Video : Euro NCAP | Audi A4 | 2009 | ESC test

These systems can’t change the rules of physics and save us from impossible accidents or allow us to drive without a care in the world, but they will do their best to minimize the damage to the occupants.

With systems like this now more and more common, it not so surprising that people walk away from high speed accidents and get to talk about what happened. Twenty years ago, people did not get this chance, and it’s thanks to the engineers who design these systems.  They have the dedication to getting the fine details spot on and not cut corners required to turn cars in to life savers and not killers.

If you intrested in watching other crash tests then this is a good site : NCAP YouTube Channel

3 comments

Now all we have to do , is get kids starting out in those cars instead of the ones they can afford. In my case it had no airbags, no abs , a stick , those old windshields, and one of the ultra hard solid steel steering wheels (covered in vinyl 1/16 thick). Granted the seat belt apparently worked, but it sure would have been sweet if i had had access to all that gadgetry to protect my head, neck, back, hips, knees.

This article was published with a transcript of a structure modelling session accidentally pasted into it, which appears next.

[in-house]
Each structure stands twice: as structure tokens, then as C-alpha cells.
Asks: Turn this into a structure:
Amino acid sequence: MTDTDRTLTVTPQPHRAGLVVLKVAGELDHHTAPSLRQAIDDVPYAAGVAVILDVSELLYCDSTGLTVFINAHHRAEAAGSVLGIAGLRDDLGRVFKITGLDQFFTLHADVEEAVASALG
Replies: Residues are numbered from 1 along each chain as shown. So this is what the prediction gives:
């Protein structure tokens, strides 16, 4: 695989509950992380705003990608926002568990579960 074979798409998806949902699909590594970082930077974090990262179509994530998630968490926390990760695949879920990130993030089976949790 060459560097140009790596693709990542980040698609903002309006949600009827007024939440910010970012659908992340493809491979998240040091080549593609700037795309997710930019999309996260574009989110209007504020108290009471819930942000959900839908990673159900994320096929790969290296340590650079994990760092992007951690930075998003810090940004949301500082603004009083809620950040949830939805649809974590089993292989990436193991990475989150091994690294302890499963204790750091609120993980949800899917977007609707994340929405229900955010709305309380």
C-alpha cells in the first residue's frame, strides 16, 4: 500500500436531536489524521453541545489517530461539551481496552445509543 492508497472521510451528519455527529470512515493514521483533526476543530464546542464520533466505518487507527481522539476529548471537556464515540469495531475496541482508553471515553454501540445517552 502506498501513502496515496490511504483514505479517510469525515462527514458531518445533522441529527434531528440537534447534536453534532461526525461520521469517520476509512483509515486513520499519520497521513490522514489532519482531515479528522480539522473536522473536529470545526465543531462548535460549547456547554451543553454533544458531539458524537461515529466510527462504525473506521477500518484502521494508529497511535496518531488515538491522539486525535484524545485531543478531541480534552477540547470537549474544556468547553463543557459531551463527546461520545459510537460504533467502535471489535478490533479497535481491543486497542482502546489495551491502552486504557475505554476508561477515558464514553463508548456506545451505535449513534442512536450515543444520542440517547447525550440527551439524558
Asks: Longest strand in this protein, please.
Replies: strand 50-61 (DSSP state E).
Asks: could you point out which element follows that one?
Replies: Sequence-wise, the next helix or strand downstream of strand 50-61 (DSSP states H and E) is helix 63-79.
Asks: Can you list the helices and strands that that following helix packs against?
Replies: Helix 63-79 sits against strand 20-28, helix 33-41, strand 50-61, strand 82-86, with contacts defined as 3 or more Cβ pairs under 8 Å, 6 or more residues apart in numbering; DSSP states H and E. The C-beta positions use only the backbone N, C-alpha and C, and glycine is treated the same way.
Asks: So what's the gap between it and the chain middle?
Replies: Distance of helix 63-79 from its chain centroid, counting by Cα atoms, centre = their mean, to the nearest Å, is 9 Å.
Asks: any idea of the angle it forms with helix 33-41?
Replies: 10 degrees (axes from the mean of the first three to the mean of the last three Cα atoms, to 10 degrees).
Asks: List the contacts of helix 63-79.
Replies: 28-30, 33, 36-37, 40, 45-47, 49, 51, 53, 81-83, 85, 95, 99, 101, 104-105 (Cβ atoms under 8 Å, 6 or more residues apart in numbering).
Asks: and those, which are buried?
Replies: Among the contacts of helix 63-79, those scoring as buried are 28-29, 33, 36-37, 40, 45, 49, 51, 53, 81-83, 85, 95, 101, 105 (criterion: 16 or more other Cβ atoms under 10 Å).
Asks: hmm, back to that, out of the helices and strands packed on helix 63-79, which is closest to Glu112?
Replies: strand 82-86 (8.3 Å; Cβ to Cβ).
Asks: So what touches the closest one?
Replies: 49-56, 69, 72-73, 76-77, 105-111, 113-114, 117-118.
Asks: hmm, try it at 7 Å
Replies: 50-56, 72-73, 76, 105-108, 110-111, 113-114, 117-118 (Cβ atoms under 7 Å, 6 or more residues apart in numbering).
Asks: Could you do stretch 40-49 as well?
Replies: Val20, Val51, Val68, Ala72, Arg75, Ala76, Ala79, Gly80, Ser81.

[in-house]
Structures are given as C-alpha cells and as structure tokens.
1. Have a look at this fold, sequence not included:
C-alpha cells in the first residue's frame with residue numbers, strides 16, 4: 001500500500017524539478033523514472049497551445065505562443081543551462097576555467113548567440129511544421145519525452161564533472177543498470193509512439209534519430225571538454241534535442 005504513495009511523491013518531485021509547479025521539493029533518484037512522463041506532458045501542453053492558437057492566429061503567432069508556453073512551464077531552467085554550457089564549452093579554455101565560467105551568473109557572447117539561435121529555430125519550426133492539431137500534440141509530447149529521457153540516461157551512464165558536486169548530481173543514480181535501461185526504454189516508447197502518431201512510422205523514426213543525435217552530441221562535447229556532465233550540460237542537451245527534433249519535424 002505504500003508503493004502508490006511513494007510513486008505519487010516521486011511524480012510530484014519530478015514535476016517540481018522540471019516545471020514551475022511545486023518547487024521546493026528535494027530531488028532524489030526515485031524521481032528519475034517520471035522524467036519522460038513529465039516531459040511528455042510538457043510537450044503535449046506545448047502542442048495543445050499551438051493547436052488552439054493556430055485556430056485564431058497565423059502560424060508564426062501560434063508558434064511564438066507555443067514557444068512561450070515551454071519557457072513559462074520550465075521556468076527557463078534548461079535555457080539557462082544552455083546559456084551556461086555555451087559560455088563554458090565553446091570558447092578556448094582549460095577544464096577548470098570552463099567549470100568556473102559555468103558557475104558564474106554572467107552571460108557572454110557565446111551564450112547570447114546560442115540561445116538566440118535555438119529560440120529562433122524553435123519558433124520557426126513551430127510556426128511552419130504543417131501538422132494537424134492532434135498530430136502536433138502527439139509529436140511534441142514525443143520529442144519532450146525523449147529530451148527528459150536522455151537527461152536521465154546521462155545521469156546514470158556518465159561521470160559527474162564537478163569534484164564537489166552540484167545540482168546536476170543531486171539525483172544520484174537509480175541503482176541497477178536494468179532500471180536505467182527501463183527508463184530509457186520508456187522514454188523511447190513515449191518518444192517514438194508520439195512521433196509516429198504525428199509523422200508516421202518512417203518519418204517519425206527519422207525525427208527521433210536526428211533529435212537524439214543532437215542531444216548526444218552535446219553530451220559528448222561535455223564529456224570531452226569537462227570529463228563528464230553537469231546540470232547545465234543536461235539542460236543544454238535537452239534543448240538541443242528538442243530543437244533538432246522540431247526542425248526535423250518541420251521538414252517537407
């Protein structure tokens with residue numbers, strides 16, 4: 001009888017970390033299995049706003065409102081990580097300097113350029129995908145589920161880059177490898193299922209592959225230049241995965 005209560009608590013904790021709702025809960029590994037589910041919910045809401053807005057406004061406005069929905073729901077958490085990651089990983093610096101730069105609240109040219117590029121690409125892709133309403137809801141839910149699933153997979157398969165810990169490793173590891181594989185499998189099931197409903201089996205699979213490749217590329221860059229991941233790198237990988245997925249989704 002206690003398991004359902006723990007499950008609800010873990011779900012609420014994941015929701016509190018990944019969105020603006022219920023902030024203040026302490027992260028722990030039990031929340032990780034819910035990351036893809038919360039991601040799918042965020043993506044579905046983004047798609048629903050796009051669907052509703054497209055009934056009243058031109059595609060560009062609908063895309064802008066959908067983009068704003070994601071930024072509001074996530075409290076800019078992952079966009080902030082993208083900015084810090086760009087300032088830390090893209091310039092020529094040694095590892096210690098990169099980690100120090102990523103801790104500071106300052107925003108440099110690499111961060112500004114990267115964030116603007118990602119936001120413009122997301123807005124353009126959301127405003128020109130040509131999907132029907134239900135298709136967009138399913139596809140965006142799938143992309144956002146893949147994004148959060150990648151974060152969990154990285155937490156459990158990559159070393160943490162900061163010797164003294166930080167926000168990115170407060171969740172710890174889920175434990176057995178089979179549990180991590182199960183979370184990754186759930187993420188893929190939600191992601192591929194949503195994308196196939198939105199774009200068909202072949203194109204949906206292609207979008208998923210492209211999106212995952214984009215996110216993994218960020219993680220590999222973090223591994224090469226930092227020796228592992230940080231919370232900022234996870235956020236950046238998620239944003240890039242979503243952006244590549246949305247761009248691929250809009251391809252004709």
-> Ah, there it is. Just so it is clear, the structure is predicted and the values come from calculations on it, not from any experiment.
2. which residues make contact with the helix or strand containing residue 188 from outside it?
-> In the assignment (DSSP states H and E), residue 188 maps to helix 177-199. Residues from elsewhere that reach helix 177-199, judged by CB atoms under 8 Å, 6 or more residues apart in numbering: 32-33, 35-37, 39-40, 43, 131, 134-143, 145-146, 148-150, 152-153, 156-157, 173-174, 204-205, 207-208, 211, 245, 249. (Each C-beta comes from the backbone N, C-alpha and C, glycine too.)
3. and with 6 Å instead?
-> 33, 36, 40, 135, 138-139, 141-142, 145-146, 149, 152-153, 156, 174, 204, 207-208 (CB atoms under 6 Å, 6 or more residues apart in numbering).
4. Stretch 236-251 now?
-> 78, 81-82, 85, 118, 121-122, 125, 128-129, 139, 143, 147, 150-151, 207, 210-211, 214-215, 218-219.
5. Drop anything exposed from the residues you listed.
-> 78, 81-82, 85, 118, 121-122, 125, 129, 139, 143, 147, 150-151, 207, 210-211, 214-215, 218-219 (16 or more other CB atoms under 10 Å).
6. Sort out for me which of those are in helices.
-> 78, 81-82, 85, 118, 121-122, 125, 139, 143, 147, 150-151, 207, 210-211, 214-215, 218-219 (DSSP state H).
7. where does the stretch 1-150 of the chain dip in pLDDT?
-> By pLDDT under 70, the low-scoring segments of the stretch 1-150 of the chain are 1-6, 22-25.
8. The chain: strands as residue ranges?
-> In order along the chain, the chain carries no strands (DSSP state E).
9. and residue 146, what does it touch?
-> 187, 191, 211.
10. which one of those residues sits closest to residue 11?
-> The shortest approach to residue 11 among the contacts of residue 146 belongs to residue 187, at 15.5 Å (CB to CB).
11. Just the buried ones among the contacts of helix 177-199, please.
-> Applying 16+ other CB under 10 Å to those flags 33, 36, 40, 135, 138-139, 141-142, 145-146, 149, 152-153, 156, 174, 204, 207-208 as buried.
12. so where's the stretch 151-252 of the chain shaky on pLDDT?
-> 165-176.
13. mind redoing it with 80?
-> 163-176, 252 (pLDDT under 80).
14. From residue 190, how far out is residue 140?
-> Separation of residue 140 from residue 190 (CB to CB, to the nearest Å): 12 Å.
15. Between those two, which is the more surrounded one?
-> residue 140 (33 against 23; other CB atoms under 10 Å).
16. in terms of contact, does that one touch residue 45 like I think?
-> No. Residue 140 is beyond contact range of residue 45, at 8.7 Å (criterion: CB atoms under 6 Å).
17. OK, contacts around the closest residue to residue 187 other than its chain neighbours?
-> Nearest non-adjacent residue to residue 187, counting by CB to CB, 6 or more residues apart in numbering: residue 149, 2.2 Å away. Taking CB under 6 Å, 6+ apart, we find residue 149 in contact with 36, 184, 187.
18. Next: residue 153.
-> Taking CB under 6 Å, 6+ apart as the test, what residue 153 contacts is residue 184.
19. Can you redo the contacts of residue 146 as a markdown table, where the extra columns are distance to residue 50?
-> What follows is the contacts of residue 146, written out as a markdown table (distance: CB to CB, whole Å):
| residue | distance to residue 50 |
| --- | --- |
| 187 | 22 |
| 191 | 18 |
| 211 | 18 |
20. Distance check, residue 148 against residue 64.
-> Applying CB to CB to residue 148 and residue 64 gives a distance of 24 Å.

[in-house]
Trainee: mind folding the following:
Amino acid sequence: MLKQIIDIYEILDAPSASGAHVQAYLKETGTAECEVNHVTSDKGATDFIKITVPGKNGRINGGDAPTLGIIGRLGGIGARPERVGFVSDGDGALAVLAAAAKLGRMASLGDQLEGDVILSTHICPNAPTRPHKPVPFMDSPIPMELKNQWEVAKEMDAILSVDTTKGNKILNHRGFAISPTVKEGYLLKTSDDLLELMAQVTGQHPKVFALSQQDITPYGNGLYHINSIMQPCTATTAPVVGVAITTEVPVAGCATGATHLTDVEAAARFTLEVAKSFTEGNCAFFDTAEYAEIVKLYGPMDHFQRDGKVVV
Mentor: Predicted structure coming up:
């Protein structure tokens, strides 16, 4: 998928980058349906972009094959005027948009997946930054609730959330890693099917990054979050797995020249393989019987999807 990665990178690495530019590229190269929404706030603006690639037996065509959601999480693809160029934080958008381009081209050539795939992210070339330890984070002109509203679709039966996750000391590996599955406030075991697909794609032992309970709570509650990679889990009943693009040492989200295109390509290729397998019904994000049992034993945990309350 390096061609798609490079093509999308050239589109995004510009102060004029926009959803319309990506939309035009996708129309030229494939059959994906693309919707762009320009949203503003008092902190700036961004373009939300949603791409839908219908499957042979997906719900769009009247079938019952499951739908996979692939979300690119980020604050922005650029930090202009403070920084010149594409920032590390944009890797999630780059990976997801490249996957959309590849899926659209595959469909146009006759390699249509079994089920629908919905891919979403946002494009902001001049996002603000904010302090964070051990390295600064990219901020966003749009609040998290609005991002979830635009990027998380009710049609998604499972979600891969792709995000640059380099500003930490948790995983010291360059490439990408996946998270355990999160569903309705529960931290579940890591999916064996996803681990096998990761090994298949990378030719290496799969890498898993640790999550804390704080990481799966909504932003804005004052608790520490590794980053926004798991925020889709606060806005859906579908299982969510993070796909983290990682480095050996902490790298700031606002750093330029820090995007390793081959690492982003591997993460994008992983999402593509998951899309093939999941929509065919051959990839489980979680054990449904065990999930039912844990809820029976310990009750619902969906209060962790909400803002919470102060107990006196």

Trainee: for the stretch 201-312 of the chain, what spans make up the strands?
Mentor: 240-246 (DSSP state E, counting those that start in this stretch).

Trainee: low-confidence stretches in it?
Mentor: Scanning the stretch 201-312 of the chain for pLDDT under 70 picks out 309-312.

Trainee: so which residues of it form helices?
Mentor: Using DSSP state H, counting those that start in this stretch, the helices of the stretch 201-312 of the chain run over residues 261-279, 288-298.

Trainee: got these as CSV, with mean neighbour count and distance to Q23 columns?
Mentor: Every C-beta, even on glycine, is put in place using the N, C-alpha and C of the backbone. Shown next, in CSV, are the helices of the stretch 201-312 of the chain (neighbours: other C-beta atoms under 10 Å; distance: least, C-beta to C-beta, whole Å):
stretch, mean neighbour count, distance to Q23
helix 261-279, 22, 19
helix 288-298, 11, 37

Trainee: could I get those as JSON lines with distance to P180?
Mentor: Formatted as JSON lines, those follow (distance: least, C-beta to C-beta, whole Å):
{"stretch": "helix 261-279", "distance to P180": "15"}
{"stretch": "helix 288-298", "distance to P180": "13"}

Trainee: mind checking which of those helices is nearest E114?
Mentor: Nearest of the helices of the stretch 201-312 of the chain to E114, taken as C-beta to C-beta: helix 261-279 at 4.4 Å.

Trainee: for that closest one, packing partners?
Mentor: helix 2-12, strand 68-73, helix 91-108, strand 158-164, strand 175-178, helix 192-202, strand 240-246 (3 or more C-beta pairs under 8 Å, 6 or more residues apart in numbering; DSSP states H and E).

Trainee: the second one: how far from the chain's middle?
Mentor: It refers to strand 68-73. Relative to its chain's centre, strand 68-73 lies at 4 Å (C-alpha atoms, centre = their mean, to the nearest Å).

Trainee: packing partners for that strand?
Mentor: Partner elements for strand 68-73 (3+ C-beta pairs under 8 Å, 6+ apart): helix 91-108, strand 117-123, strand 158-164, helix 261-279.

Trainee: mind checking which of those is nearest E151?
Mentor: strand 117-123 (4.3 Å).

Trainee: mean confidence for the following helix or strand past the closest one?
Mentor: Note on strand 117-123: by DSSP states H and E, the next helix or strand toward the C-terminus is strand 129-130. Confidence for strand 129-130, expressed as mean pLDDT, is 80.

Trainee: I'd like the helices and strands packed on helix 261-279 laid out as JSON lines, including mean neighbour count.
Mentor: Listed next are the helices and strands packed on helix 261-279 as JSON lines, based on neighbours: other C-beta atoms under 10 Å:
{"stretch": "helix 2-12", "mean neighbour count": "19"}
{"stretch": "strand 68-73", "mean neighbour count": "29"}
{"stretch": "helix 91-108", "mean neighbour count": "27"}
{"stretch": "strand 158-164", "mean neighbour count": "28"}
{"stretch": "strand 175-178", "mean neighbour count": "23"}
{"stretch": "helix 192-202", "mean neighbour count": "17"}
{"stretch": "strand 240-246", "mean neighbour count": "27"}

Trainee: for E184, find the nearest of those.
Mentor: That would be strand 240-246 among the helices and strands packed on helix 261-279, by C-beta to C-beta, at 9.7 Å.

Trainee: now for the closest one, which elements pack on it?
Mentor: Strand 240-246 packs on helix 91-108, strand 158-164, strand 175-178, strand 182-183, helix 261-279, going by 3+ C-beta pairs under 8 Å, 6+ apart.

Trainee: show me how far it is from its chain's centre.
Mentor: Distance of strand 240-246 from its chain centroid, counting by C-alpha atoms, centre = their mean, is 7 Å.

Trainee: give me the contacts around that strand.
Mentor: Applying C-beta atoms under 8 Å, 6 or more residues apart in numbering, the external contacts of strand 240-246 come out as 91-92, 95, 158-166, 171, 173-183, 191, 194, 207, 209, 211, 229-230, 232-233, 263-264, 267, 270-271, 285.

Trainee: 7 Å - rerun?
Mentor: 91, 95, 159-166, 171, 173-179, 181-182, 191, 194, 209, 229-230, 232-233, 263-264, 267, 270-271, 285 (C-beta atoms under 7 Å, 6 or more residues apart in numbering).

Now a days, we should probably focus on not controlling the car our selves, and not crashing to begin with rather then more things exploding in the car to save us when we do (airbag). Just saying you cant get hurt if the car doesnt crash it self.

All the “safety” features do nothing to prevent deaths and injury to innocent pedestrians and bicyclists. Indeed, by making drivers less likely to kill themselves, they increase the risk to pedestrians and bicyclists, because the really bad drivers are not taken out of the pool of drivers.